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Medical and end-of-life decision making in adolescents' pre-heart transplant: A descriptive pilot study

Journal title
Palliative medicine
Publication year
2020
Author(s)
Cousino, M. K.; Miller, V. A.; Smith, C.; Uzark, K.; Lowery, R.; Rottach, N.; Blume, E. D.; Schumacher, K. R.
Pages
272-280
Volume
34
Number
3

BACKGROUND: Adolescents and young adults undergoing heart transplantation experience risks of morbidity and mortality both pre- and post-transplant. To improve end-of-life care for this population, it is necessary to understand their medical and end-of-life decision-making preferences. AIM: (1) To examine adolescent/young adult decision-making involvement specific to heart transplant listing, and (2) to characterize their preferences specific to medical and end-of-life decision making. DESIGN: This cross-sectional research study utilized survey methods. Data were collected from October 2016 to March 2018. SETTING/PARTICIPANTS: Twelve adolescent and young adult patients listed for heart transplant (ages = 12-19 years) and one parent for each were enrolled at a single-center, US children's hospital. RESULTS: Consistent with their preferences, the majority of adolescent/young adult participants (82%) perceived a high level of involvement in the decision to be listed for transplant. Patient involvement in this decision was primarily by way of seeking advice or information from their parents and being asked to express their opinion from parents. Despite a preference among patients to discuss their prognosis and be involved in end-of-life decision making if seriously ill, only 42% of patients had discussed their end-of-life wishes with anyone. Few parents recounted having such discussions. Preferences regarding the timing and nature of end-of-life decision-making discussions varied. CONCLUSIONS: Although young people are involved in the decision to pursue heart transplantation, little attention is paid to involving them in discussions regarding end-of-life decision making in a manner that is consistent with individual preferences.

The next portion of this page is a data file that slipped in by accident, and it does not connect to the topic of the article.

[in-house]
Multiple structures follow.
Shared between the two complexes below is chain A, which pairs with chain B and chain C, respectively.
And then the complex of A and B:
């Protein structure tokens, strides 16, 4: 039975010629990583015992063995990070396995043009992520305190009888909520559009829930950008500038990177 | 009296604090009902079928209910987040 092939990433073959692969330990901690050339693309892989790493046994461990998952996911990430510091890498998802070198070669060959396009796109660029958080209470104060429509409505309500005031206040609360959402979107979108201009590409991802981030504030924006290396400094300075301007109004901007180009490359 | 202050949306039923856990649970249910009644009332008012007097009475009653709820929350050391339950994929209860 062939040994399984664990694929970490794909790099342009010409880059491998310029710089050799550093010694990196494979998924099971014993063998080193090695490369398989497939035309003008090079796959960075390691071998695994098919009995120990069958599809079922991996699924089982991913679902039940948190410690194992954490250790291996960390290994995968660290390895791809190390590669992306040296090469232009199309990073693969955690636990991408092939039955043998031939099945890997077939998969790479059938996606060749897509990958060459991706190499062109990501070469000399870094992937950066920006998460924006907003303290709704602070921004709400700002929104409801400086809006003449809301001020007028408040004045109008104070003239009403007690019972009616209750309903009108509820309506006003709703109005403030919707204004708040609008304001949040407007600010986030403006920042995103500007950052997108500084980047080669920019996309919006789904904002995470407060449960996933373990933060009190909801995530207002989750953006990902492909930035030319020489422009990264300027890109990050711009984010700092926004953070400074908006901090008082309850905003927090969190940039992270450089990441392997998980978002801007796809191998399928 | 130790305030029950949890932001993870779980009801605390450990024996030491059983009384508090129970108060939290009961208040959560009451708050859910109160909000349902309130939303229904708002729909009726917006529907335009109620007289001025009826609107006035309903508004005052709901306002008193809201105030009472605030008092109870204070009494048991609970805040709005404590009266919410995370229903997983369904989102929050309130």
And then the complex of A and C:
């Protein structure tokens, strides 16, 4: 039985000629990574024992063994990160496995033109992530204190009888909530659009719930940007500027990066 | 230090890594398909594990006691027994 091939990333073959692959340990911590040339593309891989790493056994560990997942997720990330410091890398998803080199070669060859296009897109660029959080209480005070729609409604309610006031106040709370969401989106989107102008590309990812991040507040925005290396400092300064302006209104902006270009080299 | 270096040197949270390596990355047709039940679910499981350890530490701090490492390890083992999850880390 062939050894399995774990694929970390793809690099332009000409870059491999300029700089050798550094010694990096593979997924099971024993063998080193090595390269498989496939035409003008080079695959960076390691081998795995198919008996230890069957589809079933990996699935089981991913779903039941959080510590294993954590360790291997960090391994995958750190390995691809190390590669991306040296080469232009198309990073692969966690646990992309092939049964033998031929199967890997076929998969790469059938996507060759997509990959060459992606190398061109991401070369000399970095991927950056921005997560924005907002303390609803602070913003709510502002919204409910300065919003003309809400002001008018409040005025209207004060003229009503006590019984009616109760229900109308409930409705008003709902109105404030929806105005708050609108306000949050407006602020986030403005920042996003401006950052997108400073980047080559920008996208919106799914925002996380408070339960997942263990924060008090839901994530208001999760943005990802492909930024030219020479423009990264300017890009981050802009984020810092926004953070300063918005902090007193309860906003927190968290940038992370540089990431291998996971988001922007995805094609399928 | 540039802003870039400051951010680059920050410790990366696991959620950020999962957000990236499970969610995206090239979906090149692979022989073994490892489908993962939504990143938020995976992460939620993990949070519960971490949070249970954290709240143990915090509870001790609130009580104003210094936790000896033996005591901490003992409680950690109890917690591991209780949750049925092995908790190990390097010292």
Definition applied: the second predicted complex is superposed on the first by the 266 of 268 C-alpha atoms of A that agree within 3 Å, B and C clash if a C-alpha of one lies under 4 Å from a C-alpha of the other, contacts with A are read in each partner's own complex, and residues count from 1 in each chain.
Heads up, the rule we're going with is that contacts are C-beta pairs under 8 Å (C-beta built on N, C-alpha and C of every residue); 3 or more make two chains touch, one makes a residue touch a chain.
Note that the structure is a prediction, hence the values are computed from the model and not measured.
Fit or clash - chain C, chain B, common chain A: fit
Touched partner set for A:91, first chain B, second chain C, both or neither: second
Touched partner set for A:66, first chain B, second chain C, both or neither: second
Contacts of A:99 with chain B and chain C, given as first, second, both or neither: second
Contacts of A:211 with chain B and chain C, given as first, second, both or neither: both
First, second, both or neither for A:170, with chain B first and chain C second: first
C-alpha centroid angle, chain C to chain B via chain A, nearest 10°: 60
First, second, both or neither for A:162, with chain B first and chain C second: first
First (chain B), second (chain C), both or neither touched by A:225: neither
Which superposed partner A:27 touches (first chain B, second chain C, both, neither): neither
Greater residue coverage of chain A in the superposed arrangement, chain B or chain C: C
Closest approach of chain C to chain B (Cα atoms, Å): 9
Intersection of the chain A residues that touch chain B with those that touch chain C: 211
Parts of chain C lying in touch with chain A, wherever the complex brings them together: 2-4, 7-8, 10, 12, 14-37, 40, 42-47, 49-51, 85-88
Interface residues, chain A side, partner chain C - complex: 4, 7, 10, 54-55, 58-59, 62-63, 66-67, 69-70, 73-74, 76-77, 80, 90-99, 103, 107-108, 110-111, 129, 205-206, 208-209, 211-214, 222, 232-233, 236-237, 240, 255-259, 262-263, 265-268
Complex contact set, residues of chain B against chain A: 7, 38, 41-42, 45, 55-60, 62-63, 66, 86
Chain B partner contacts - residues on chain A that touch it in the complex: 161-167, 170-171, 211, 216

Research abstracts